Published on Tuesday, March 10, 2020
Fungicides are used in corn for a number of reasons. First and foremost, they can prevent or mitigate disease. How a fungicide works will depend on its mode of action. In addition to controlling disease, fungicides also work to increase water use efficiency in the plant, photosynthesis, nitrate reductase activity, timing for ear fill, and stress tolerance. One way to increase this stress tolerance is through the mitigation of ethylene production.
In addition to determining the disease you want to control, a few other considerations come into play with a fungicide. What is the ideal timing to gain yield from a fungicide application? In the past, we have observed a greater ROI from the use of fungicides later in the season rather than early in the season. This late-season application has also showed a greater return when compared to making two applications.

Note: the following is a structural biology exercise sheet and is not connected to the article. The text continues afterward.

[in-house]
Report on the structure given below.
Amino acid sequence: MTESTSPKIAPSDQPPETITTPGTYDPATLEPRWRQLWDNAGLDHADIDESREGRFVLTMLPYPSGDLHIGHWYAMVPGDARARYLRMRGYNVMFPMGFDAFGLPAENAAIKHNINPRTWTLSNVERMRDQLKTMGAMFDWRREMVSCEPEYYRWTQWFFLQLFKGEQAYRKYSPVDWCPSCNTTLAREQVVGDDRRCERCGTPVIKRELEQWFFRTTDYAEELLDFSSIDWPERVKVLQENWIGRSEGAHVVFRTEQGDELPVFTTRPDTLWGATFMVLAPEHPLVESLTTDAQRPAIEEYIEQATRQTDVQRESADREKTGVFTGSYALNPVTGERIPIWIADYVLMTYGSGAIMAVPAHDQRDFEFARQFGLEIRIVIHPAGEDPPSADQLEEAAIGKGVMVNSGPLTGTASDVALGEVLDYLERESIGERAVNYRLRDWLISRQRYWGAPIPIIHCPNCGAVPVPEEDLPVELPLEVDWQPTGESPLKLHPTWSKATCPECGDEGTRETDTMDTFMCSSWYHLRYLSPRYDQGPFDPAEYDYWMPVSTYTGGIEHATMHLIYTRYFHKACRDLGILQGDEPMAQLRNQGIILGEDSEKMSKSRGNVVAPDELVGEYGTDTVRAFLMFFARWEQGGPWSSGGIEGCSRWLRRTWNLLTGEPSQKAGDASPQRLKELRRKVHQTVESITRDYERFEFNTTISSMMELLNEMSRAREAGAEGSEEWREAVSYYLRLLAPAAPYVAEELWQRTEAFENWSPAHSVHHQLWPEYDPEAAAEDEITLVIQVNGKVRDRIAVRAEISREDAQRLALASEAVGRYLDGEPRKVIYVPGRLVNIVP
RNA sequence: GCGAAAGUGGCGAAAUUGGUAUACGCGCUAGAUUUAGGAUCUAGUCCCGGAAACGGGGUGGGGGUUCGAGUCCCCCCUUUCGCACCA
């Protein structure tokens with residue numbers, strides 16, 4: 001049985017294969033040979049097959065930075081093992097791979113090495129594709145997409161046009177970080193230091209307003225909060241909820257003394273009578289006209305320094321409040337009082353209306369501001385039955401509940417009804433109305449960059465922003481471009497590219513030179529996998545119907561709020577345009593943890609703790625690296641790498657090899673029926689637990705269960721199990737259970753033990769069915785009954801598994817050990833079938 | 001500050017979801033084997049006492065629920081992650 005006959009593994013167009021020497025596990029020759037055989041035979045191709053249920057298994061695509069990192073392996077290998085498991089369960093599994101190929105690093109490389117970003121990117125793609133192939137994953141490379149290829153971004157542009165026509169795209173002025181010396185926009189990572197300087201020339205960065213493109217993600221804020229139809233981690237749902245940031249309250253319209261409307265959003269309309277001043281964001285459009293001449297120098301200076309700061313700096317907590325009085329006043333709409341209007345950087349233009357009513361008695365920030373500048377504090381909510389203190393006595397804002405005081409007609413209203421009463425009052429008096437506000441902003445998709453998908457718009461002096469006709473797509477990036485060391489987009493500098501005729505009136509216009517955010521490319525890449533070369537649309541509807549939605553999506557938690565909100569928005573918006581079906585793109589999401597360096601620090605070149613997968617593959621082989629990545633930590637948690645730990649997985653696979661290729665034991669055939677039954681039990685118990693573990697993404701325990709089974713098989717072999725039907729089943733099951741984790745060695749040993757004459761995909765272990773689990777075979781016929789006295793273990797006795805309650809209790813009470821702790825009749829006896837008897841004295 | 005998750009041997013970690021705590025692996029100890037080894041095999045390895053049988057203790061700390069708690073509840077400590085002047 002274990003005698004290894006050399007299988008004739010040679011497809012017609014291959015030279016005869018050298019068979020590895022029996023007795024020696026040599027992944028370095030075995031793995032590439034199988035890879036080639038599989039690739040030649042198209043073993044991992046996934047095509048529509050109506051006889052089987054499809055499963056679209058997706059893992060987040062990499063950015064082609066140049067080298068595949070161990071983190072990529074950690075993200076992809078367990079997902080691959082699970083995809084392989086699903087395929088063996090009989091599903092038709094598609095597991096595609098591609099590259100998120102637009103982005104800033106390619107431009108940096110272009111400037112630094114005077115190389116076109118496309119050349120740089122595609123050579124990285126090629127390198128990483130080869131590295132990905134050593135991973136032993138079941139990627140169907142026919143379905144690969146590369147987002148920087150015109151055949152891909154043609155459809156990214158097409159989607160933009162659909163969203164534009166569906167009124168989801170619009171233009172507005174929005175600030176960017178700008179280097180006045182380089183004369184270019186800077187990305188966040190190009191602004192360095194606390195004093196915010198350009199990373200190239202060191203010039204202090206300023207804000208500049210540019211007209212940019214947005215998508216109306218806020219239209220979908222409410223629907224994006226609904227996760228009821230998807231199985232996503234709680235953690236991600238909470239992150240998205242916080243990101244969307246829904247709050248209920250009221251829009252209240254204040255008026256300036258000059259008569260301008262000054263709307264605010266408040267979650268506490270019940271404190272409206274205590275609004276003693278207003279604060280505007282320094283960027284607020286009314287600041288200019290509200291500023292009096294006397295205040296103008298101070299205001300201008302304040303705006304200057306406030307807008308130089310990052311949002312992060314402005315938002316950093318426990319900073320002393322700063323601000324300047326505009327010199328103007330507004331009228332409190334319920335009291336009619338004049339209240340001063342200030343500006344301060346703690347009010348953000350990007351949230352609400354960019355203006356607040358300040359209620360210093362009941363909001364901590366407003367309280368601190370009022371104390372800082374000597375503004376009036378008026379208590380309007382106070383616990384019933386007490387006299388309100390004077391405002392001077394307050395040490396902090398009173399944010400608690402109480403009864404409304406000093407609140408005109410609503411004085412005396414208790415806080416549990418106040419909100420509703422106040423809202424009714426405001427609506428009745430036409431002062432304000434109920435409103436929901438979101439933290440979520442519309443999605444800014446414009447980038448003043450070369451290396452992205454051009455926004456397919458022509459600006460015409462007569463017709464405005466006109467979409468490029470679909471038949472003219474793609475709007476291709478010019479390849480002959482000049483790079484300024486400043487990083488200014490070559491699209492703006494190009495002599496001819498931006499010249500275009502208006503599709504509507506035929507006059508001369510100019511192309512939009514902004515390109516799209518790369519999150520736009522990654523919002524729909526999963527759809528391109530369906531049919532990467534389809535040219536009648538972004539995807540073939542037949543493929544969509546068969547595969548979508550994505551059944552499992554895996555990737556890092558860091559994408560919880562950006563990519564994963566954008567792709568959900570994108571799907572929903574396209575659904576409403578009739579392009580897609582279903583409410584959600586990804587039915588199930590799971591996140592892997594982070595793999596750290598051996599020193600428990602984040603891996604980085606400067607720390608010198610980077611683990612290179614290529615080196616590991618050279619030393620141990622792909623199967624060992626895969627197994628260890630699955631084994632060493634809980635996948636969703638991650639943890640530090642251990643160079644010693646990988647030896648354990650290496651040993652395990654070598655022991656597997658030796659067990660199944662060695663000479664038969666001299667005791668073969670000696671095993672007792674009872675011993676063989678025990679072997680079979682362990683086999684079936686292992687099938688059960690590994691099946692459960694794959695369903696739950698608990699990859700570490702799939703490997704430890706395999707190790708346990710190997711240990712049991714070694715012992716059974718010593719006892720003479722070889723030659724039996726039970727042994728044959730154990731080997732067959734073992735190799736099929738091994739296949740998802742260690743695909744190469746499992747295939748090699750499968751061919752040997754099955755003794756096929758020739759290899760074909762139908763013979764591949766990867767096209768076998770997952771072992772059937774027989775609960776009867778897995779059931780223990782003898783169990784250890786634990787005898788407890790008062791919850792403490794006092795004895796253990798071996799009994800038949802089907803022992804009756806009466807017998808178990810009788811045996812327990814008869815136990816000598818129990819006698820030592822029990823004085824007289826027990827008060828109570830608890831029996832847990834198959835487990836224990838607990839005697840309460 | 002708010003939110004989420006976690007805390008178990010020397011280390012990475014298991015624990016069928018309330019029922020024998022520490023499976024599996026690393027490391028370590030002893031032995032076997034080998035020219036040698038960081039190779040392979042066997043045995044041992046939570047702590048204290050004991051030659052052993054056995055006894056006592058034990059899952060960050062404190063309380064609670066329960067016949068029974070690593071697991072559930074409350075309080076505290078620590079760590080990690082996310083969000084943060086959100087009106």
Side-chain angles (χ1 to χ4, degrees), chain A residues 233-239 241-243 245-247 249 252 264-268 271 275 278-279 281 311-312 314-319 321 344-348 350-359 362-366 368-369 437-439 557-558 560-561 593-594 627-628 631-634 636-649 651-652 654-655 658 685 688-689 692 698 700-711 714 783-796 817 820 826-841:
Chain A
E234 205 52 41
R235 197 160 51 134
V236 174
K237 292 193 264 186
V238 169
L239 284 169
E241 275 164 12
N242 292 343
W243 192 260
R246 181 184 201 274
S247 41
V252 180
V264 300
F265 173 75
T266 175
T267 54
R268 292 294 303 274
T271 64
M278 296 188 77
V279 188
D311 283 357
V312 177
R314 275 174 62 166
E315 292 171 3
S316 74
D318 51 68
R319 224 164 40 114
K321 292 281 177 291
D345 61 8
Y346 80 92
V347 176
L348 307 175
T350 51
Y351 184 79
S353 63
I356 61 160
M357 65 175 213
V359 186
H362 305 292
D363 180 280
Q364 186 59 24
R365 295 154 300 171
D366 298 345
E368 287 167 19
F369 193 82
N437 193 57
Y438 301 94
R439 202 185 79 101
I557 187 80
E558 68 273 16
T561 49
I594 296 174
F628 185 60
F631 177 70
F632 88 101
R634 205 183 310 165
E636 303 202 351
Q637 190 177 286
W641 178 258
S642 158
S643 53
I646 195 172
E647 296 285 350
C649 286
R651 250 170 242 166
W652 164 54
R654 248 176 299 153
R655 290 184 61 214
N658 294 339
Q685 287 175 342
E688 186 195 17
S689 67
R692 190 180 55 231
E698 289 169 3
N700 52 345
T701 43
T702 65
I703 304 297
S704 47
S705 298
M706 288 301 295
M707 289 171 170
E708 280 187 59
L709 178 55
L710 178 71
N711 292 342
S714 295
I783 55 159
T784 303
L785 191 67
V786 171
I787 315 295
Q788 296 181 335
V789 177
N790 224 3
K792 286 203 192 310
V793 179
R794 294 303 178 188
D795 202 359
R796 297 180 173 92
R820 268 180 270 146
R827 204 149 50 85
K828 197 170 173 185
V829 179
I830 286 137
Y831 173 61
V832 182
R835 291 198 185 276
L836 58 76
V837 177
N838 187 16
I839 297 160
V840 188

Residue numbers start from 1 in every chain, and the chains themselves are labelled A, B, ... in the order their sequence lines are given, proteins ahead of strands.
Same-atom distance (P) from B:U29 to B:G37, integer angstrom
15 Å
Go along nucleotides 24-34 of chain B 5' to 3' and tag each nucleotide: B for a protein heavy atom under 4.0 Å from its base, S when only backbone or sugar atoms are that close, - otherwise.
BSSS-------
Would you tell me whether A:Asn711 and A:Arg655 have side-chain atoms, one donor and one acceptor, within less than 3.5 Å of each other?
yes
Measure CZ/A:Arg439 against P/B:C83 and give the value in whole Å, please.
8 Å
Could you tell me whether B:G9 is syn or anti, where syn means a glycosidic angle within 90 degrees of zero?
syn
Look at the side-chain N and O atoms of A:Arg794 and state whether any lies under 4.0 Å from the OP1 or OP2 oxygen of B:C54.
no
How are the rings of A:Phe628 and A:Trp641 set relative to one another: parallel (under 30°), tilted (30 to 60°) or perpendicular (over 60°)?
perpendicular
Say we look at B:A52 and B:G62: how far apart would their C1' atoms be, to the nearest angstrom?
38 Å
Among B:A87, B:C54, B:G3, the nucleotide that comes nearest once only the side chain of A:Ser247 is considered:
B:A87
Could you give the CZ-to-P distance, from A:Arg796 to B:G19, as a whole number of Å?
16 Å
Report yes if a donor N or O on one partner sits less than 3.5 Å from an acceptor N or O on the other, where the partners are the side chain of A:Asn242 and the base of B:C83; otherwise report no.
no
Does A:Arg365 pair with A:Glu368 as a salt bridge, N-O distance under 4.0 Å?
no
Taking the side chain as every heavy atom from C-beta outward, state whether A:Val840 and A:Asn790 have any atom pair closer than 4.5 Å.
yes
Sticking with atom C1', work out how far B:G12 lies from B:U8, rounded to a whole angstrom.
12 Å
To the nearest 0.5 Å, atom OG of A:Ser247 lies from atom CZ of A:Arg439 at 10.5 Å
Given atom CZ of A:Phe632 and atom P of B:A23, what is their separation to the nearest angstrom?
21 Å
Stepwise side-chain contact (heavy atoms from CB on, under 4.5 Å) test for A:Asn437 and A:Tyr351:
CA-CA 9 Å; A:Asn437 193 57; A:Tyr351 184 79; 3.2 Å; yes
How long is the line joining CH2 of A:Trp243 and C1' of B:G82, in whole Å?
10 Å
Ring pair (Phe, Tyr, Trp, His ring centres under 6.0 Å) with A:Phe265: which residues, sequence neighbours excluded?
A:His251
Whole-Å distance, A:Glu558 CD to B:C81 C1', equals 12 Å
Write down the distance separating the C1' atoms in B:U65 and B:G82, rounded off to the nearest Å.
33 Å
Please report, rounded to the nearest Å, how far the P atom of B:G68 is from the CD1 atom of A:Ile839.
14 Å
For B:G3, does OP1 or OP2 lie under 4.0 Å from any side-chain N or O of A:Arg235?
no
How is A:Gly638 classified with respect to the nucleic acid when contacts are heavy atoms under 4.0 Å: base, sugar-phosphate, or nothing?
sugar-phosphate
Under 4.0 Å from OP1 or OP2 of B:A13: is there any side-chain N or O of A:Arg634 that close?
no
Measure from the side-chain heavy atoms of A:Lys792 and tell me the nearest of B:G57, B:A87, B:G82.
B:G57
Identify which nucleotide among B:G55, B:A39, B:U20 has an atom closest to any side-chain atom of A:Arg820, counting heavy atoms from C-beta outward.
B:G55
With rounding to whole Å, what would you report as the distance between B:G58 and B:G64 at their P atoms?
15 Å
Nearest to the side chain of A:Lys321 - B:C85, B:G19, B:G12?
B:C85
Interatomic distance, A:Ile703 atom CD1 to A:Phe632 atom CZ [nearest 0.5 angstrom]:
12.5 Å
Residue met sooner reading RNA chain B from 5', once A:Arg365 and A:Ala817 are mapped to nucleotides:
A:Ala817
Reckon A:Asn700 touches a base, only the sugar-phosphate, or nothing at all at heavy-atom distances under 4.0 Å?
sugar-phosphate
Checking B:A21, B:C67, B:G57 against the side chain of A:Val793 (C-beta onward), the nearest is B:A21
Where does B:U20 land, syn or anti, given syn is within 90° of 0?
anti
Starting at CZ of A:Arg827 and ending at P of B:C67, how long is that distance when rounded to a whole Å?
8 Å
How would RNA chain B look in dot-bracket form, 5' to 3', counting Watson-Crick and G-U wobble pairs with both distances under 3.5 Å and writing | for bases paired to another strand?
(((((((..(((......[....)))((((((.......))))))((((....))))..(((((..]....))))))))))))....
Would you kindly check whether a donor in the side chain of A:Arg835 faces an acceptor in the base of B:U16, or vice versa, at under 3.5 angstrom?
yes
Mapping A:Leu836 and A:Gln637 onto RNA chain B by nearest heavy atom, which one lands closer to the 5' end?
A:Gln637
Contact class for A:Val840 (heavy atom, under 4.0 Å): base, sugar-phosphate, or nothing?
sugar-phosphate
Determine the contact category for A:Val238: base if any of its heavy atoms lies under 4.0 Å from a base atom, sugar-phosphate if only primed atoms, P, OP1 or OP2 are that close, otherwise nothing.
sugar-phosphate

In 2017, Beck’s PFR began working to further identify the ideal timing for fungicide applications in corn. Data from 2017 indicates that minimal differences could be observed, regardless of spraying at the VT, R1, R2, or R3 growth stages. However, some sites did see an advantage to a fungicide application at the earliest stage of tasseling, or VT.
Fungicide applications appear to be more effective when applied in the morning. A dew may help spread the fungicide over the surface of the leaf.
Practical Farm Research data indicates that 15 to 20 gallons of carrier rate is the sweet spot. Always read and follow label directions.
Author: Jim Schwartz
Categories: Agronomy, Agronomy Talk